Monday, January 07, 2013

Remember When: Musings from the Internet's Infancy

I just finished a good ole hot pink book from the era when I read them a little more religiously (aka before I was with Chef and therefore loved reading about neurotic women pining away in unrequited love while Mr. Perfect was right there the whole time. Now I read about murder, acid-throwing and war.) I picked it up because it used to be one of my faves: Jemima J by Jane Green. It was her first book and she's now gone on to write a shit ton more.

The first time I read the book was back when it came out--13 years ago. A few things have changed since then: I met Chef (online), I lost weight, I moved to Nashville and then LA, and the world became more technologically savvy. Why does all that matter?

The book is about a girl who loses a ton of weight, dates a guy online, goes to LA to live with him, and then finds the man of her dreams was not all she thought he was. Minus the last part, that was pretty much a snippet of my life.

But anyway, the funny part is reading about online dating in 2000. They use a dial-up connection at her job to get online. They were sent to class at the beginning to learn about the Internet. No one used email in the workplace. No one carried cell phones. The journalists in the book used FAXES to confirm interviews. I have never worked in an era where email wasn't the norm in an office.

All of which got me thinking, remember when the Internet was scary?

I remember when Internet dating was so taboo that when I told my friends I was doing it, they were a little worried that I might end up cut into tiny pieces and found in a garbage bag on the road somewhere. (In their defense, I did end up meeting a lot of weird dudes--and one awesome one.) I chatted with these guys using AOL Instant Messenger and was on the Internet for hours because I only had dial-up in my first apartment. I didn't download music because it took too long to get a song.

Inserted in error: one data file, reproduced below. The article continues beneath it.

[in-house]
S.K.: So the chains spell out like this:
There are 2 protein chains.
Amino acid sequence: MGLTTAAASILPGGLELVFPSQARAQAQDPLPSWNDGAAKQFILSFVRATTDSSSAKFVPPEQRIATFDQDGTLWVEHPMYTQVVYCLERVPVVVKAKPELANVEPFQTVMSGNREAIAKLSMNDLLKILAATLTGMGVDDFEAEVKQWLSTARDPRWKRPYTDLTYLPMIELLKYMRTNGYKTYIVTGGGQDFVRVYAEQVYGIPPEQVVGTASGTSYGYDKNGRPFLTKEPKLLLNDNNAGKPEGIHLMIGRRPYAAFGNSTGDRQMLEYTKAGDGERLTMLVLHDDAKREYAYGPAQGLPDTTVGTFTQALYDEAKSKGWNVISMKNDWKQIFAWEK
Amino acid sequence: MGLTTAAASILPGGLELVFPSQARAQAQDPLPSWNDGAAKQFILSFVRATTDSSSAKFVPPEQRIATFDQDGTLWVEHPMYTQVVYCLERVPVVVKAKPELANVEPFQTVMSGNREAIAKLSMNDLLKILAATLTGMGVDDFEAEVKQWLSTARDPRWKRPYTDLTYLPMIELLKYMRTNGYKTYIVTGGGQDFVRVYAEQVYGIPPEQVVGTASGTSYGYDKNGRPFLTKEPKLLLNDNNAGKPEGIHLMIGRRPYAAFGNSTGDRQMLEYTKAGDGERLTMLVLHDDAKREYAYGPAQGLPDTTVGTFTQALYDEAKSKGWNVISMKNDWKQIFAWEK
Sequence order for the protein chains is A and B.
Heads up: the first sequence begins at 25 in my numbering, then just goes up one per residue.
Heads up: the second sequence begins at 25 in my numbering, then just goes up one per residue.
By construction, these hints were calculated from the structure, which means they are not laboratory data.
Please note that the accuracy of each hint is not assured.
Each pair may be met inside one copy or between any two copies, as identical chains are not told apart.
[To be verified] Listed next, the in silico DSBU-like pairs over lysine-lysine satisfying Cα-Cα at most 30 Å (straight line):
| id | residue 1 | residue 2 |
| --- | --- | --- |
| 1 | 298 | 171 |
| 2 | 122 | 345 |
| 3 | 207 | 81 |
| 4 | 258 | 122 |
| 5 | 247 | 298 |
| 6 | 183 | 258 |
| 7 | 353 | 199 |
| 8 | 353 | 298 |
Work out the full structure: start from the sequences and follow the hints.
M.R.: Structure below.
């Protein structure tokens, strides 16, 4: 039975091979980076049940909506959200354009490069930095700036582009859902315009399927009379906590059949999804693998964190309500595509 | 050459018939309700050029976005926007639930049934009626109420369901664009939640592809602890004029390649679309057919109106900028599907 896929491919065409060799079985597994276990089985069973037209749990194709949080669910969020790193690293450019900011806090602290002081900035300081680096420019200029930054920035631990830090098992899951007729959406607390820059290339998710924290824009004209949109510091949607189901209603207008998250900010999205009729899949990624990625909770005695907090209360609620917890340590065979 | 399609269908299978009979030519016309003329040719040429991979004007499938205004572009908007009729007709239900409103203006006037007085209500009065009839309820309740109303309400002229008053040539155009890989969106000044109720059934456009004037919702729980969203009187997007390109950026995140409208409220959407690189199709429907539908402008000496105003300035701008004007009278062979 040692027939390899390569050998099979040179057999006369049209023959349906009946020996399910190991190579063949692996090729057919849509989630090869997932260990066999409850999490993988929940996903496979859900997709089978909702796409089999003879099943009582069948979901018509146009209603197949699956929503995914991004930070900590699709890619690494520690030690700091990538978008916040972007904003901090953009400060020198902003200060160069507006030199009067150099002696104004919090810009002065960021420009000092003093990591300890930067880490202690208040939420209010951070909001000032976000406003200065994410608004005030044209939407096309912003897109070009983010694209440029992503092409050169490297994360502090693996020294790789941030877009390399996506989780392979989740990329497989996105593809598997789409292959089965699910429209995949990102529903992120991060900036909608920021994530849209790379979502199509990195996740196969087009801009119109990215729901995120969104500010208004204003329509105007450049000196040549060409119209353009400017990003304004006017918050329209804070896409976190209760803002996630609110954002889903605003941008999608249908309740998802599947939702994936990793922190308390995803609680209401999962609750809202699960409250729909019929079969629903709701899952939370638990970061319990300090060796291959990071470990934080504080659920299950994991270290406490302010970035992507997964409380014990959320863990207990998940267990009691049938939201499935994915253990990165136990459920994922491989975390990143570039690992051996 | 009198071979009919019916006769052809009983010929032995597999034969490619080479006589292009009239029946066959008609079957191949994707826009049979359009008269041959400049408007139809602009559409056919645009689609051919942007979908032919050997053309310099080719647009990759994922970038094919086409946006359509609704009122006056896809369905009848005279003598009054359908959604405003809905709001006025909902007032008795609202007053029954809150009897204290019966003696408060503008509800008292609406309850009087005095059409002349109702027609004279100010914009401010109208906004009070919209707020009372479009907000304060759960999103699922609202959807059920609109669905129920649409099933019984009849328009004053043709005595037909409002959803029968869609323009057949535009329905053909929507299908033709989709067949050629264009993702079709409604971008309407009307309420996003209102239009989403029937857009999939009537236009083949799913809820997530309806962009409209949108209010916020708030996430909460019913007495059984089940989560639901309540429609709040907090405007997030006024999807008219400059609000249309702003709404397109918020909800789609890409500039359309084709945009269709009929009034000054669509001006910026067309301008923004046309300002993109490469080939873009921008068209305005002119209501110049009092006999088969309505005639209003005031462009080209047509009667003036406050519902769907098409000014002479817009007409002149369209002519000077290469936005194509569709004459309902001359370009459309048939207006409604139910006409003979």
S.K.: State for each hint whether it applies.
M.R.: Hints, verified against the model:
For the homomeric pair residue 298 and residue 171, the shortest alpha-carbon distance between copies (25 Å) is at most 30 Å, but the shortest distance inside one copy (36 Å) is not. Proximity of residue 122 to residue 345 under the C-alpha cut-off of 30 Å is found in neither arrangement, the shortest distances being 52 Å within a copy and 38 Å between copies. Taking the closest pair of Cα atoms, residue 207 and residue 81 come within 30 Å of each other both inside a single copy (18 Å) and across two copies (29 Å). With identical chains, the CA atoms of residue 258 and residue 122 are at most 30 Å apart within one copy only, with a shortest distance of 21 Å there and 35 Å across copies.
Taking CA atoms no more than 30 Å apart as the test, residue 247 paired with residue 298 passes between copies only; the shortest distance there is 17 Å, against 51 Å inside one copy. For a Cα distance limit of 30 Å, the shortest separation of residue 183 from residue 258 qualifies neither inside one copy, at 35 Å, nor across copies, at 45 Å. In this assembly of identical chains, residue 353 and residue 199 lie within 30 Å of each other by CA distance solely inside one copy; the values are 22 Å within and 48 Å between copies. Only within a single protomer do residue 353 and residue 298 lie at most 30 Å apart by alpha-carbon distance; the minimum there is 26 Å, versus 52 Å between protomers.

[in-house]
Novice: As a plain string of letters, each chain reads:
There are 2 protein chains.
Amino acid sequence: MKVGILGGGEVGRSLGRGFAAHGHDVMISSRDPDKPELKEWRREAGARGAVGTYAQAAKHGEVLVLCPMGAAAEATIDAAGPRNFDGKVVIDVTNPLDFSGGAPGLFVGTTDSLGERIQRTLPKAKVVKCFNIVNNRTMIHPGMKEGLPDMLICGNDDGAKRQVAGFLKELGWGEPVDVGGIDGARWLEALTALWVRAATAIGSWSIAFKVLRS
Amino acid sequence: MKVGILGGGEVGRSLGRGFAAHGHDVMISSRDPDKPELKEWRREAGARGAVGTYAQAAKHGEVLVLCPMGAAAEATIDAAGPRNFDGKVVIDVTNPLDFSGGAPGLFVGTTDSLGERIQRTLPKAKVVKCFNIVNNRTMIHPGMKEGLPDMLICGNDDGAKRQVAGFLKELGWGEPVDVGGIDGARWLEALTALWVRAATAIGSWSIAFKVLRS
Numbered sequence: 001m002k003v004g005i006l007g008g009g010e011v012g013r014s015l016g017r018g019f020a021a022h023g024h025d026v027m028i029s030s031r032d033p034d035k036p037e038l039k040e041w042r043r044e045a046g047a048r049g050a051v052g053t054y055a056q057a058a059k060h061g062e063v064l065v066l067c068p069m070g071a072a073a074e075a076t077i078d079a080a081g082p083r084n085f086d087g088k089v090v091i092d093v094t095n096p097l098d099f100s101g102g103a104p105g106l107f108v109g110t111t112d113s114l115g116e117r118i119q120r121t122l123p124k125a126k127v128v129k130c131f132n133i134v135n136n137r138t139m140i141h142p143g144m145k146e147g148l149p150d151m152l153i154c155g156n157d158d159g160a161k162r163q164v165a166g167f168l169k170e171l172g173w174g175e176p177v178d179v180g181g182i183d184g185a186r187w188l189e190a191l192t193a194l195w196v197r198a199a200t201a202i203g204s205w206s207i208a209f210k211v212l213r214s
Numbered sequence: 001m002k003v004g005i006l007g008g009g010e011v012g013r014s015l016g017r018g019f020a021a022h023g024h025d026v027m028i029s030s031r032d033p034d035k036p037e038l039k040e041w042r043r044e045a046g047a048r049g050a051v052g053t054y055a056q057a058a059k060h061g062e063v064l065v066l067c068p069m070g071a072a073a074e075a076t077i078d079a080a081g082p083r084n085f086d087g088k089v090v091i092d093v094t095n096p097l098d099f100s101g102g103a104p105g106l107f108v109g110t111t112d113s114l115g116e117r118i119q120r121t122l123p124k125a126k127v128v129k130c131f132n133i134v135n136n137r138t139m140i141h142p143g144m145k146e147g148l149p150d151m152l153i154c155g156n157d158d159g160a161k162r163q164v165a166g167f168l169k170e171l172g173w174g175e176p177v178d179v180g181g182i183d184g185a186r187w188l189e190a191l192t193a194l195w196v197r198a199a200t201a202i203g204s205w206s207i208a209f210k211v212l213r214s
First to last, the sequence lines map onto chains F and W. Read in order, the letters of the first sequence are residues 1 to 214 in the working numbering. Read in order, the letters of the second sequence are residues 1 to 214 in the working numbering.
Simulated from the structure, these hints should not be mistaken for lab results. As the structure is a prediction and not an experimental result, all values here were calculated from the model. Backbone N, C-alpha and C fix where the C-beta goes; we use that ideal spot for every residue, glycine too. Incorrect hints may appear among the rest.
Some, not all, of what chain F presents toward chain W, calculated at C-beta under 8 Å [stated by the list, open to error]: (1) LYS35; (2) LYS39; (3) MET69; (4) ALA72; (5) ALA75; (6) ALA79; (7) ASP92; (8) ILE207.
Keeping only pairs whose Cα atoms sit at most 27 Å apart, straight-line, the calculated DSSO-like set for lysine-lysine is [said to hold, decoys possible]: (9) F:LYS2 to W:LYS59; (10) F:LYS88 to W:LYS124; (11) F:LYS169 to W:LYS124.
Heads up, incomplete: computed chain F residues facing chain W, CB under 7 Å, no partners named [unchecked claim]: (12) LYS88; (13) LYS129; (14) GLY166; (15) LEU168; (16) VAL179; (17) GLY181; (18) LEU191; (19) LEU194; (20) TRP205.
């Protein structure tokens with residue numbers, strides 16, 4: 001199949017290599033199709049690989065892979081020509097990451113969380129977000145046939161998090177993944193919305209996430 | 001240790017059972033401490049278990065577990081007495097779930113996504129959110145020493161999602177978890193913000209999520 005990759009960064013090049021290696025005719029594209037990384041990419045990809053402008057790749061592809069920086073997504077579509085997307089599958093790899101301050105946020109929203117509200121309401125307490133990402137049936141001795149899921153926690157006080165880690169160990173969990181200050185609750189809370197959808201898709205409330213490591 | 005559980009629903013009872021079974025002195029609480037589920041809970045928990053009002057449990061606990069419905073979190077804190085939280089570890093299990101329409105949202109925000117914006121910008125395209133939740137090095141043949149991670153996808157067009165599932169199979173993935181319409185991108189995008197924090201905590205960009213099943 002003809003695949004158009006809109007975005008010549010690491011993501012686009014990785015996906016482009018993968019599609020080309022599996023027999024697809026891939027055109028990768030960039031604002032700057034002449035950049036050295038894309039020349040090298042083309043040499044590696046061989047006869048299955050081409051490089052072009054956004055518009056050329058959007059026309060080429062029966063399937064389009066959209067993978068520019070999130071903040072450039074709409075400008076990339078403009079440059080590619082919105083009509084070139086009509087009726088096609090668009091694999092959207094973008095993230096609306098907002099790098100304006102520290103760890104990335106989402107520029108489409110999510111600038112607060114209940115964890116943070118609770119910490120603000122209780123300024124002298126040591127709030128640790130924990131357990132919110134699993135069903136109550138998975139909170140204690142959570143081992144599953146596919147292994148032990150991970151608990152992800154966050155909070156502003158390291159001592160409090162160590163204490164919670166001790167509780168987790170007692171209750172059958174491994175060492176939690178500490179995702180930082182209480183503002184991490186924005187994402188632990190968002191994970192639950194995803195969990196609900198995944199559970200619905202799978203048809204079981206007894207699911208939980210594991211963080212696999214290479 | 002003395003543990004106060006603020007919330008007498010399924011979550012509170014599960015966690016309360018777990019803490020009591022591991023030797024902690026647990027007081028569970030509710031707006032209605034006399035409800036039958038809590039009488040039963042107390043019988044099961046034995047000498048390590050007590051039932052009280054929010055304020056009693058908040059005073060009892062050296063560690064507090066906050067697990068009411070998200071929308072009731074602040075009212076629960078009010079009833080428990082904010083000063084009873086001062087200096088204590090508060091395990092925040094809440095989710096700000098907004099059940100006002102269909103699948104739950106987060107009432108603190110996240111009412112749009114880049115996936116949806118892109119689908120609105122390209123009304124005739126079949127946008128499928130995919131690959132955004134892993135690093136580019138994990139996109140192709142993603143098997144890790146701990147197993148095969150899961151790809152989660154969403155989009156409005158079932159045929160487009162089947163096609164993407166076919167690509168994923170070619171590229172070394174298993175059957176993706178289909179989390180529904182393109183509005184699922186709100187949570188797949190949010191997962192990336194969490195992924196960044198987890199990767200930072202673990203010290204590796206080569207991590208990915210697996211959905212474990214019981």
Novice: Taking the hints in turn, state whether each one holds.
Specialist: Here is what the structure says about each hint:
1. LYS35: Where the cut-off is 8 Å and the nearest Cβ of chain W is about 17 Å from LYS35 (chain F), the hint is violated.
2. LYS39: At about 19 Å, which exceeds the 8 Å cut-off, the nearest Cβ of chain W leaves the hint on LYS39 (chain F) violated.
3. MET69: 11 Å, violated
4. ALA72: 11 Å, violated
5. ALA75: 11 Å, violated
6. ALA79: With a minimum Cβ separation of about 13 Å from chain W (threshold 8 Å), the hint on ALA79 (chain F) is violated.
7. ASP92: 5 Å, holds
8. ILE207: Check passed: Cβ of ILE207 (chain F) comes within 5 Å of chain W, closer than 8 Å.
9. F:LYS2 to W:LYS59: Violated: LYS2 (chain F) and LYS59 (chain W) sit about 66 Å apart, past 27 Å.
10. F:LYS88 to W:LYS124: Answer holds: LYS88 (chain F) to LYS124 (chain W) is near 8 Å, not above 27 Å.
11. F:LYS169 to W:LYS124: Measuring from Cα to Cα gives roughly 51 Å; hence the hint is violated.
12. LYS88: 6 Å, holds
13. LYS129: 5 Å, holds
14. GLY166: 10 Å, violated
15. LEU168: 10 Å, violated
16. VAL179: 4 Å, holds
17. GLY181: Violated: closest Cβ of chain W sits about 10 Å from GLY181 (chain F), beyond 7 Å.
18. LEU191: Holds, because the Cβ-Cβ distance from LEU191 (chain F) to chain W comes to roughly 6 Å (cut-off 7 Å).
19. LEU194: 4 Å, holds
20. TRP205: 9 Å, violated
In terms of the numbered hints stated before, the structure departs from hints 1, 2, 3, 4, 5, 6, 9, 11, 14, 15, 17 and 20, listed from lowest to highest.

And remember when we all had different names for the various online identities we had because were too afraid to use our real names on the Internet. Here are some of the online monikers that I used to employ:
PepperClark (my dog's name and my middle name),  PepperCrtr (my dog's name and Crtr was for Carter, as in Nick Carter, as in the obsession of the moment-- BSB was big back and I was a fan, okay?), ClarkCrtr, and CricketClark (other dog's name and middle name). I chatted online to people with names like noname123, TigrRoar2000, and HoosierDaddy0367.

In fact, when I started my blog Chef was called Chef because he didn't want me to use his real name online. Now everyone is pretty transparent about what they're doing on the Internet. I'm not sure that's entirely a good or bad thing, but it's interesting, nonetheless. It feels like that feeling of "Isn't that quaint?" that used to take years or generations to happen is now happening on a monthly basis. "Oh you use Snapchat? you should try Facebook Poke."

Sometimes I wish it would slow down a little. Maybe I'm getting old, but I long to use a typewriter again. I had one growing up and love the "click click click" of the keys. But I guess now I could just download an app for the sound effect. If we're still using apps, or keyboards or sound effects when you are reading this.

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